Victoria Neumark looks in the lunchbox
Not a Victoria Plum pink lunchbox!'' he squirmed with disgust. "`I want one with just plain." "Just plain what?" "Just plain lunchbox.'' So, farewell then, the Winnie the Pooh lunchbox, veteran of hundreds of identical lunches.
By the age of 11, the lunchbox, once symbol of allegiance to Pingu or Postman Pat or Thomas the Tank Engine, is failing to cut it as a marker of cool. By the age of 16 - "anything, sandwiches in a Tesco bag, I don't care'' - lunch itself is rather low in the cool stakes.
Better to have an isotonic drink in a specially approved drinking flask (boys) or an apple followed by a furtive chocolate bar (girls). Plastic bottles which are two for pound;1 at Woolworths and decorated with World Cup motifs might be ok for junior boys but the girls turn their noses up. They have snazzy little backpacks or even cuddly koalas clutching round their backs.
The contents of lunchboxes are even more personal. Some people never get tired of a peanut butter on brown sandwich, Cadbury's Snack, two satsumas and cheese and onion crisps; others would rather eat the packaging.
I once sat on a Lancashire hillside eating packed lunches with a Year 2 class, some of whose meals had been provided by the local authority. They had cheese rolls, plain crisps, a jam tart and an apple. NO lunchbox.
As the lunch was handed round - lunchboxes from a plastic crate, free lunches in clear plastic bags from a cardboard box - and the Free Lunches edged forward to get theirs, their plain but nourishing lunch appeared a visible sign of marginality among all the gaudy crisps and chocolate biscuits. It almost came with an approving sticker reading "and very good for them too, I'll be bound".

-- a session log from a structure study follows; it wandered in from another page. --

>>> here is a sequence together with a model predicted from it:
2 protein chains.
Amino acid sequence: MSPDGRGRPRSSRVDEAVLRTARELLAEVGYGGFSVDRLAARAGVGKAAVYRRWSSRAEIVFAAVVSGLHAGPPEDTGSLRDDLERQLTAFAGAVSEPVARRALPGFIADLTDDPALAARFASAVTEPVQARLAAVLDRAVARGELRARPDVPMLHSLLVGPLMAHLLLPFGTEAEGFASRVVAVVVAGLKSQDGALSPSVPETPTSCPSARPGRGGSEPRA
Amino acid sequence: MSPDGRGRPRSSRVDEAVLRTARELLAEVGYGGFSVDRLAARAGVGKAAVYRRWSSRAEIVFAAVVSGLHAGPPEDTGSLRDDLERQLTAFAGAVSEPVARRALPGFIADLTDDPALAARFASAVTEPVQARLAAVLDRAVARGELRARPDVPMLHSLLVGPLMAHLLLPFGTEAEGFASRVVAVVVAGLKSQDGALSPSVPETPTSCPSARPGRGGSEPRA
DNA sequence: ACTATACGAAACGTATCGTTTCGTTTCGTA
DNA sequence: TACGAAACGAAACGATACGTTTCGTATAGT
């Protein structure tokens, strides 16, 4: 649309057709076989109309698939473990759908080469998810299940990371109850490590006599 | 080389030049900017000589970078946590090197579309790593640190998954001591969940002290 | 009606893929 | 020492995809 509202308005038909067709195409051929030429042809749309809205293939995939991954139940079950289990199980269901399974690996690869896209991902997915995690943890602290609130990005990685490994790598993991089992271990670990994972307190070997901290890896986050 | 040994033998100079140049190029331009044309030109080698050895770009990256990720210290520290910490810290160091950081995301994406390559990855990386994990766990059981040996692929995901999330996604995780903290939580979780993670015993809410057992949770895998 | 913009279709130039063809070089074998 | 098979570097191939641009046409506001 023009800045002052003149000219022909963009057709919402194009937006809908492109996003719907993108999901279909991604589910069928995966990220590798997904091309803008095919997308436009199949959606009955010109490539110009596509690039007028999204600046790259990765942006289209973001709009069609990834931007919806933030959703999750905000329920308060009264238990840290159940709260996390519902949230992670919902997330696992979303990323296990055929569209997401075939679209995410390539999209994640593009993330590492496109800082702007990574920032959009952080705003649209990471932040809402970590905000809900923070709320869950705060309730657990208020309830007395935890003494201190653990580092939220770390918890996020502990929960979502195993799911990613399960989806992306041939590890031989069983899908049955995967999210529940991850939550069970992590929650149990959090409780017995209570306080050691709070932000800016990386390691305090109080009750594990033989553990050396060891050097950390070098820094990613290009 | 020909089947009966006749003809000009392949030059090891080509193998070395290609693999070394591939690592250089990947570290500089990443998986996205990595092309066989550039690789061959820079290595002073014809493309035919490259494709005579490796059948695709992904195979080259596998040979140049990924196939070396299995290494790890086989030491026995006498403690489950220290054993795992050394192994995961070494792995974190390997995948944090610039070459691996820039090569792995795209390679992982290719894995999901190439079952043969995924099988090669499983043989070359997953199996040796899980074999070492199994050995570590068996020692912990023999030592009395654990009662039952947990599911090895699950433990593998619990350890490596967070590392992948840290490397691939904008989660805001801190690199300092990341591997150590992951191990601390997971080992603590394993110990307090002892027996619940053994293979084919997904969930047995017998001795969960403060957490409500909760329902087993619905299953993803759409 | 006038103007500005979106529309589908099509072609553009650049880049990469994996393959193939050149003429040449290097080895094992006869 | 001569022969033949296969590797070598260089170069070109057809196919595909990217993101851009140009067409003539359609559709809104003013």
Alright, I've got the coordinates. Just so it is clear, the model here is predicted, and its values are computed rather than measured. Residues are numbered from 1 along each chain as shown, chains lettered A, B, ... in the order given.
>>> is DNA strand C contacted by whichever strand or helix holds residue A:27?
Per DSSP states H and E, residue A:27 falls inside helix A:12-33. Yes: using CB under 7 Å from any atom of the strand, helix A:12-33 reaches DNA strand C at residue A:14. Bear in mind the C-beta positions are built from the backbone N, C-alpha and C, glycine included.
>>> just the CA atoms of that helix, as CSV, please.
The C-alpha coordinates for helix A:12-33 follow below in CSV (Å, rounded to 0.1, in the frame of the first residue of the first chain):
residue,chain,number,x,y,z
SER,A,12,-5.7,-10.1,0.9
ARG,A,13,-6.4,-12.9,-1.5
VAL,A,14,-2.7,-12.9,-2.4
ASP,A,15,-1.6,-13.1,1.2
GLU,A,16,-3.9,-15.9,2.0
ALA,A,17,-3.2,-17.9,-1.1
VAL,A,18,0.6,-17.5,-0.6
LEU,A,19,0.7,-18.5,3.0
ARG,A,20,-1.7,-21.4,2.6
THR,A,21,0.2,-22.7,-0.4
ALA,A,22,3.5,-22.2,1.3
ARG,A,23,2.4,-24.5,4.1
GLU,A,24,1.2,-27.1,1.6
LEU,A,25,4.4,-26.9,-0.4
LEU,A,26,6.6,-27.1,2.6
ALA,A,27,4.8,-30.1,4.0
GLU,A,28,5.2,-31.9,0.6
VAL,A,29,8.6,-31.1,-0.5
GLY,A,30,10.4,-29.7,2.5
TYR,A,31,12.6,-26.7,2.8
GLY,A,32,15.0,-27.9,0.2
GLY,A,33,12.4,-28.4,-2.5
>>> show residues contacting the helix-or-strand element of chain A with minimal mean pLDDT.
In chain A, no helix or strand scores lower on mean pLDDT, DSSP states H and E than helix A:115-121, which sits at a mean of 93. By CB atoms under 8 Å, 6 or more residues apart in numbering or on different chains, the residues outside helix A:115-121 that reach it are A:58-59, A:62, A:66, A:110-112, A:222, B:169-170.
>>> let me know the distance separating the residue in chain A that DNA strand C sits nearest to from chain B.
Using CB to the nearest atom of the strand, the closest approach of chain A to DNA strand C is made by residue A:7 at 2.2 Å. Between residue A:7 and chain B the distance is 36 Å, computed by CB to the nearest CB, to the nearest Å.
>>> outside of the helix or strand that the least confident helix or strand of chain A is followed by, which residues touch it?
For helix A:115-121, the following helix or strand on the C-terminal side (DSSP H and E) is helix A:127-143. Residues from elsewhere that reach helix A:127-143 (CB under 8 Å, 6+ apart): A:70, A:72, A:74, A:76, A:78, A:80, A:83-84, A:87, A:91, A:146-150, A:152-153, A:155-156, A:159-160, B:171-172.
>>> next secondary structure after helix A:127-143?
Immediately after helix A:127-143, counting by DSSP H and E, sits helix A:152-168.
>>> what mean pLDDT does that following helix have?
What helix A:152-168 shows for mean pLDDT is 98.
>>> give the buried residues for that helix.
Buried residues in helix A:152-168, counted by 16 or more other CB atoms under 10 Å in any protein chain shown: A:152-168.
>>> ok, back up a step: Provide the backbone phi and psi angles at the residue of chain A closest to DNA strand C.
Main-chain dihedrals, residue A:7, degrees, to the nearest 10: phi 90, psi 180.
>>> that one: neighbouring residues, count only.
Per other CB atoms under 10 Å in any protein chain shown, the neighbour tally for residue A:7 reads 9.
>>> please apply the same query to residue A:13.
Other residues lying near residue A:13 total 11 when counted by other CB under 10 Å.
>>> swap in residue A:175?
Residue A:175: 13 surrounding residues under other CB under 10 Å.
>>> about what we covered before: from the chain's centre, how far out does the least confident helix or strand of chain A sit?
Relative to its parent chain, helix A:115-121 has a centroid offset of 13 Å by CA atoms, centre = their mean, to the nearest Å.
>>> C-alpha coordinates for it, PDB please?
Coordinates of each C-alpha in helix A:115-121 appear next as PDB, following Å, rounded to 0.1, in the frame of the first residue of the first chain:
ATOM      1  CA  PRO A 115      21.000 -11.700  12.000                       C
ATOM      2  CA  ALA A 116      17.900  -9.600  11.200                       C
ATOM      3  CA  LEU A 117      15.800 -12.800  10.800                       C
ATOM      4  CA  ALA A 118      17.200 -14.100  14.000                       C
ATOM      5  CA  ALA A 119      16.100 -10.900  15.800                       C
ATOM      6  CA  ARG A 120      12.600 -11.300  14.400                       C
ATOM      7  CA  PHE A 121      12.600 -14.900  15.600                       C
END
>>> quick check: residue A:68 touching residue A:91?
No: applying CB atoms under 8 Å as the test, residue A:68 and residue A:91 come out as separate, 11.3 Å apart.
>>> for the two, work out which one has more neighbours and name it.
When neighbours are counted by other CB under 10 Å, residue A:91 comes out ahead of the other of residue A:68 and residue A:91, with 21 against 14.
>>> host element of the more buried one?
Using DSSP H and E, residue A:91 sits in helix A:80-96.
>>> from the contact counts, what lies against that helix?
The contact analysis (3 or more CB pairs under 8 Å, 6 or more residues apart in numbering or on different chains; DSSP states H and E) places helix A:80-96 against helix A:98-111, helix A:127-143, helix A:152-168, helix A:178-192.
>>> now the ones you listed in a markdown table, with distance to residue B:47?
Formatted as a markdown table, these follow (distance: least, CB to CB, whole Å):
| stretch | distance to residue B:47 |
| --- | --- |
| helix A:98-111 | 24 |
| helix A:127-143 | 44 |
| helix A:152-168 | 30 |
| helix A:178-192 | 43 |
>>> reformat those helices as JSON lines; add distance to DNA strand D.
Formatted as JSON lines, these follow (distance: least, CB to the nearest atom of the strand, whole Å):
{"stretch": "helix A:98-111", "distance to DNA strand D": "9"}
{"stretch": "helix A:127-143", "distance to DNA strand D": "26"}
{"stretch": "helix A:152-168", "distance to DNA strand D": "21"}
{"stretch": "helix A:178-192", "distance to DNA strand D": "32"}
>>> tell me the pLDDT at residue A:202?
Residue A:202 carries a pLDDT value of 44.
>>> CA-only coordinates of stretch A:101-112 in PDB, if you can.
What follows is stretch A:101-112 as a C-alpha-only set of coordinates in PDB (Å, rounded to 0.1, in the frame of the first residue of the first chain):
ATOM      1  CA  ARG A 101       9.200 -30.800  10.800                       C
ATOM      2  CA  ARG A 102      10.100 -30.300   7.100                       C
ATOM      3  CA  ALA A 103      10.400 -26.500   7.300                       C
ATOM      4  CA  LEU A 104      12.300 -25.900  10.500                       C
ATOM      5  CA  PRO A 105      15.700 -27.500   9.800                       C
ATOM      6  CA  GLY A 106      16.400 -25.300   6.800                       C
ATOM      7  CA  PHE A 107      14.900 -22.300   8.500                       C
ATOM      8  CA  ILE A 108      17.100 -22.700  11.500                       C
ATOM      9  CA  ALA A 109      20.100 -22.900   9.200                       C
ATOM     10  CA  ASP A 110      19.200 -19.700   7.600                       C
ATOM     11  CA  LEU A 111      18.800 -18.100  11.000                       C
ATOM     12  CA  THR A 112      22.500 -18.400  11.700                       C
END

And there is the contrary story, of very young children turning up for school trips with a six-pack of crisps and nothing else. No sandwiches, not even a drink.
It feels as if the age-old link between eating and nourishment is breaking down. Your lunchbox and what you put in it relates to lifestyle: Coke is either fun or tooth-rotting poison; chocolate is either a little bit of love in your lunch or spots and caries; a ham sandwich might be sustaining or forbidden food, or processed rubbish.
Food is, as anthropologists have long pointed out, the focus for social values. Is chewing gum food? Is a no-calorie fizzy drink food? Is a new Olestra (synthetic fat)-laden yogurt, guaranteed to pass through your body too quickly for any fat be digested, food? Conversely, is a bare hunk of bread, such as labourers subsisted on for centuries, food or starvation rations?
So the answer to eight-year old Jake must be: "There's no such thing as a plain lunchbox - and no such thing as a plain lunch."